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Lecture 4

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Carleton University
PSYC 2600
Chris Motz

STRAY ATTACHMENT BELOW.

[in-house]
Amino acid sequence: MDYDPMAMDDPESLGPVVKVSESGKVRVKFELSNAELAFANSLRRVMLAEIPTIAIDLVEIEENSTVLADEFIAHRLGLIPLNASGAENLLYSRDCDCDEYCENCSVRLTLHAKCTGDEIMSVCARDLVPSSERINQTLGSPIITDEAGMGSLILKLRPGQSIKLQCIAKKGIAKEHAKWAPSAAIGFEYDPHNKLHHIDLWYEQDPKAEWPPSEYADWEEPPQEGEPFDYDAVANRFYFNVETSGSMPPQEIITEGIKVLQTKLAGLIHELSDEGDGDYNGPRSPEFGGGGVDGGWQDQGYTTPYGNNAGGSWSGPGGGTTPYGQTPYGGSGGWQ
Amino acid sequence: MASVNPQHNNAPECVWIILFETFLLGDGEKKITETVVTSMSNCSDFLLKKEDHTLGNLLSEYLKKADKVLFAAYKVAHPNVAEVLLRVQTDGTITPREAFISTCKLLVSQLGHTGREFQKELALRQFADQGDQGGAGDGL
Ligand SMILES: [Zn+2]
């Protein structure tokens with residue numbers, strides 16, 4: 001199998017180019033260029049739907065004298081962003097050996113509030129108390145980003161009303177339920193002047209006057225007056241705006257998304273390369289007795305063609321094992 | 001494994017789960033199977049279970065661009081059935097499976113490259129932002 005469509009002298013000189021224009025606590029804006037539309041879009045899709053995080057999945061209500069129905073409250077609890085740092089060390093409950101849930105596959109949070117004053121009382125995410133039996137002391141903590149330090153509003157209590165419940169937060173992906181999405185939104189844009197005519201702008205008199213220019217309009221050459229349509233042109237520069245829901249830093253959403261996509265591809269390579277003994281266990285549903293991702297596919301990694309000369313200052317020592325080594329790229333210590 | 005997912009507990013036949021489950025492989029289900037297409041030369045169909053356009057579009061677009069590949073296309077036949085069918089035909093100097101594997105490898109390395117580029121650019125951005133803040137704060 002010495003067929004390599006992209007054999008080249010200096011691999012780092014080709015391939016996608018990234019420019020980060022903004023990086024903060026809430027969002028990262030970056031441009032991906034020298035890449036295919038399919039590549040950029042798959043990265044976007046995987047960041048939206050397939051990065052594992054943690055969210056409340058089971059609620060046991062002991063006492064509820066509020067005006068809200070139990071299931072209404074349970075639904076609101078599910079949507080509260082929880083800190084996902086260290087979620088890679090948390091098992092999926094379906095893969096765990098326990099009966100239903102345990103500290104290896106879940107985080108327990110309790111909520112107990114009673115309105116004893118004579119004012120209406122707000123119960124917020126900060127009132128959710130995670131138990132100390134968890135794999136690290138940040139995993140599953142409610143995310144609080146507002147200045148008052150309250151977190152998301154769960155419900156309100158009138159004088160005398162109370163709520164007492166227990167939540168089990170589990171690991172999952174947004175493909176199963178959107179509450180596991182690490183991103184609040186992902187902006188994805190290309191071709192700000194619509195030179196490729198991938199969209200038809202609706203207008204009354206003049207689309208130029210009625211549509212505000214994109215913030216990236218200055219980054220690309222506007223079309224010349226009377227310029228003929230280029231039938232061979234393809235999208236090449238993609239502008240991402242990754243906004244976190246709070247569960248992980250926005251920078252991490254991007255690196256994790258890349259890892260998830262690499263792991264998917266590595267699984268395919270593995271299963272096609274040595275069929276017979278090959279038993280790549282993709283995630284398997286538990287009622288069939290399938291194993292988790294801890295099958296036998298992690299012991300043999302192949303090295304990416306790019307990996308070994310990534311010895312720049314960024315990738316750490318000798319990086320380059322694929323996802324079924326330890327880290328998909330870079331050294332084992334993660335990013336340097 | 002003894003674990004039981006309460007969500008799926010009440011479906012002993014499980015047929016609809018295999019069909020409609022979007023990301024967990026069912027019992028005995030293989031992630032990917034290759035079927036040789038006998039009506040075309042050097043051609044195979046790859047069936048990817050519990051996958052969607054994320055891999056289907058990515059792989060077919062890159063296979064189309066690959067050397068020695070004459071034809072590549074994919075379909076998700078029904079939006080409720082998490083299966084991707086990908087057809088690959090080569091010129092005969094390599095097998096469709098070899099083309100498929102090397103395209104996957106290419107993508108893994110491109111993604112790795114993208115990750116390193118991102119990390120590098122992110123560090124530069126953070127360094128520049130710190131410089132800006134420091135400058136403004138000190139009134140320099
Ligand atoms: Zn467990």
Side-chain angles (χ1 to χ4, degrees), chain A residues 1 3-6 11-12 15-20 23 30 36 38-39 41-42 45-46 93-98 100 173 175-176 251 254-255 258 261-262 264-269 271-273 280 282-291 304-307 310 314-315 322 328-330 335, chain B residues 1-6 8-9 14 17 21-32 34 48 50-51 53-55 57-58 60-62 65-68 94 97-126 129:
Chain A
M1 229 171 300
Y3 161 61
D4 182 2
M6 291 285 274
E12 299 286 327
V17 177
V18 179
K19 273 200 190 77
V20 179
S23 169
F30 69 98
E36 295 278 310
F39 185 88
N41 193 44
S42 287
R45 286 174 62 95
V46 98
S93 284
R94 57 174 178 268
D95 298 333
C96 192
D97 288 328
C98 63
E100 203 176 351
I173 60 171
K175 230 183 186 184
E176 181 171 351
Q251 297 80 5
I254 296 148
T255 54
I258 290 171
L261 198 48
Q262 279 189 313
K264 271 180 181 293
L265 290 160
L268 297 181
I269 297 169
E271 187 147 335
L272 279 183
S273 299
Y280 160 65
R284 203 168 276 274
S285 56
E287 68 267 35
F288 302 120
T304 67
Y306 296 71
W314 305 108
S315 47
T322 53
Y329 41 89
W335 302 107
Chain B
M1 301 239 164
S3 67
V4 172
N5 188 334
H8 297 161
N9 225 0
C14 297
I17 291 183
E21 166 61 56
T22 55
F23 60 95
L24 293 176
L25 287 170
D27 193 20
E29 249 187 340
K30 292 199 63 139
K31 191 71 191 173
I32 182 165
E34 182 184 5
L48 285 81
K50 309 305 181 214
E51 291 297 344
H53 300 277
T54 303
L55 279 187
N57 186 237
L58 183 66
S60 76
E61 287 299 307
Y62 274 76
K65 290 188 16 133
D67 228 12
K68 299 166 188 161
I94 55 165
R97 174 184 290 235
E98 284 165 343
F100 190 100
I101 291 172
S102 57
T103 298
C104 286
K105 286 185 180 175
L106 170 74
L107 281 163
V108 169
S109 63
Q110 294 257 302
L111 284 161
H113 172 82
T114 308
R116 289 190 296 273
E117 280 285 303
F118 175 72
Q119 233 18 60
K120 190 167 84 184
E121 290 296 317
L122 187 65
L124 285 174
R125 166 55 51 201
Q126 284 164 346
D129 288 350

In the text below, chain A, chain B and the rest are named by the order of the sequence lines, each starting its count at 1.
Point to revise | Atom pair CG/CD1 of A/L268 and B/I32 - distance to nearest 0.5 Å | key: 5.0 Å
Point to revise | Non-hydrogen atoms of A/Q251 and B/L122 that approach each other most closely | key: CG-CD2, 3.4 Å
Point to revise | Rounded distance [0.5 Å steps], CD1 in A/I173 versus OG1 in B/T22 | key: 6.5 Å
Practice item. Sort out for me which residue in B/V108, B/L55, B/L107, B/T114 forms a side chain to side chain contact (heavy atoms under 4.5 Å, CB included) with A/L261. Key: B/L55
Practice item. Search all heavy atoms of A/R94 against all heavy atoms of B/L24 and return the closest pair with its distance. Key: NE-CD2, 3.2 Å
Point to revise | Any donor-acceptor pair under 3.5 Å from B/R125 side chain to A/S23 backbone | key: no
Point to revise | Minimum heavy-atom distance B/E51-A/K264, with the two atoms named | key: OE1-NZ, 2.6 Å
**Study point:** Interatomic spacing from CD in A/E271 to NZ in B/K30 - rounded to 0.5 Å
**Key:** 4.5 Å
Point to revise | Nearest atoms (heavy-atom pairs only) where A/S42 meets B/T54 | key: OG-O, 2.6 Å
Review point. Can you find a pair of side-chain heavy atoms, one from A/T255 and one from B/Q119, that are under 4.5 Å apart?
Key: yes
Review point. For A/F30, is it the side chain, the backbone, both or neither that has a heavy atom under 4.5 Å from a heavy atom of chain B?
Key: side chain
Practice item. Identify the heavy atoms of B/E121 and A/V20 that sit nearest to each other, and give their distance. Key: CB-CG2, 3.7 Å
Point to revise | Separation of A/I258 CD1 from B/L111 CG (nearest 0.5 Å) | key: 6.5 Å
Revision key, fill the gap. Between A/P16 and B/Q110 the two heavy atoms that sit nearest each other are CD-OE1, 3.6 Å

Lecture 4 Thursday, January 13, 2011 - O-Data o Naturalistic- realistic context. Participants quickly ignore observer, natural behaviour starts to emerge. But there’s lack of control  Can see without interrupting or biasing what they’re doing, though  Difficult to control ambient noise level, what server does, etc. o Artificial- control conditions, variables. Sacrifice realism o Professional observers- can have professionals (trained, standardized) but lack in-depth knowledge/deeper understanding of individual  Could have people who know the participant (teachers, friends, family)  But they might want to present person in positive light  We can select observers from variety of social situations (work, school, etc.) to get whole picture of the personality o Benefits  Access to information not attainable through other sources  Can use multiple observers o Limitations  Poorly trained maybe- especially with family/friends/coworkers  Speculation about motives, feelings, etc. Even people who know the individual • Ex. Observing hostile behaviour in children, see kid move arm- was he intending to hit or was he off-balance? - T-Data o Different from self-report (questionnaire, ask directly about personality) o Here, use standardized form of testing  MRI, EEG, pedometer (activity level), Rorshach ink blot o Rorshach still considered test data because we have standardized set of rules for themes that person is talking about (even though it’s projective technique) o Limitations  Person may try to guess what’s going on  May just want to be helpful (self-esteem/stress related to activity level—given pedometer—tries to alter behaviour, increase activity level)  Or may want to undermine the research  Hard to know if participant and experimenter define the situation the same way  Researcher may have unintended influence- experimenter bias - L-Data o Data from that person’s life o Report cards, medical records, criminal records, history of employment (job records), history of residence (apartment/house), etc. o Can be used to help understand life outcomes related to aspects of personality o But incredibly tough to gather, reconstruct, to get complete picture of personality - Triangulation: use multiple types of data to get picture of personality (based way to overcome limitations) o More well-rounded, complete portrait of personality- will see this later - In personality psychology, we use questionnaires o Variety of ways to construct them o Self-esteem questionnaire- point out issues in designing it o Self-esteem: the way we feel about ourselves, positive and negative evaluation of self o 10 questions, Likert-type response (0-10) o For each question, can respond on that scale o 0- strongly disagree, 10- strongly agree o Do you want to have a mid-point? Option to say neither agree nor disagree? There will be some participant who always stays on the fence.  You may want to force them to recognize their have a leaning on one direction. o Reverse-score questions as a control—if person just wants to circle 10 on everything, it forces him/her to read all the questions—otherwise, can tell quickly whether the person has read the questions o Good question gives participants the opportunity to go on either side of the midpoint  In reality, there is an average to which we all cluster. Same for any personality characteristic—for the most part, we cluster around the middle.  There are some of us who have freakishly high self-esteem, some are at the other end.  Good question gives a chance for the people in the middle to be on the center, the people at each extreme to say they’re at the end. Reveals the differences in the population.  **Bad question: I always feel as though I’m the best person in the world. • Majority would strongly disagree • Only a few at the agree end • Skewed distribution • Nothing meaningful- we don’t see the variation in the group  **Bad question: At least occasionally, I don’t feel that I’m a terrible person. • Big cluster of people will strongly agree • Very few at the strongly disagree end • Skewed distribution • Nothing meaningful about group  We want naturally existing bell curve (normal distribution)  **Good question: I feel that I have a number of good qualities • High self esteem would agree, low self esteem would disagree, majority would be in the middle  **Good question: I’m able to do things as well as most people.  **Good question: I feel that I’m a person of worth at least on an equal basis as others. o Frequency distribution shows us the spread of scores on any one variable —the height of the curve represents the frequency  Spread of scores shows spread of data points in sample  If we do this enough, get a big enough sample of participants  Because we’ve designed a good enough questionnaire, get a natural bell curve o Reliability and validity- we’ll discuss them as they apply to questionnaire. But we can also talk about how they apply to study.  Reliability- consistent, accurate results • Standardized procedures • Standardized script, ordering of materials, manipulations in study • Eliminate error that might come from inconsistency in application of materials/instructions to participants • We want the test to be reliable too  Validity- all the variables have to be clearly defined, tests have to measure what they claim to measure • Lack of validity- wrong operational definition of validity (smiling shows happiness- could have nervous smile) - Correlational study- just studying things as they ex
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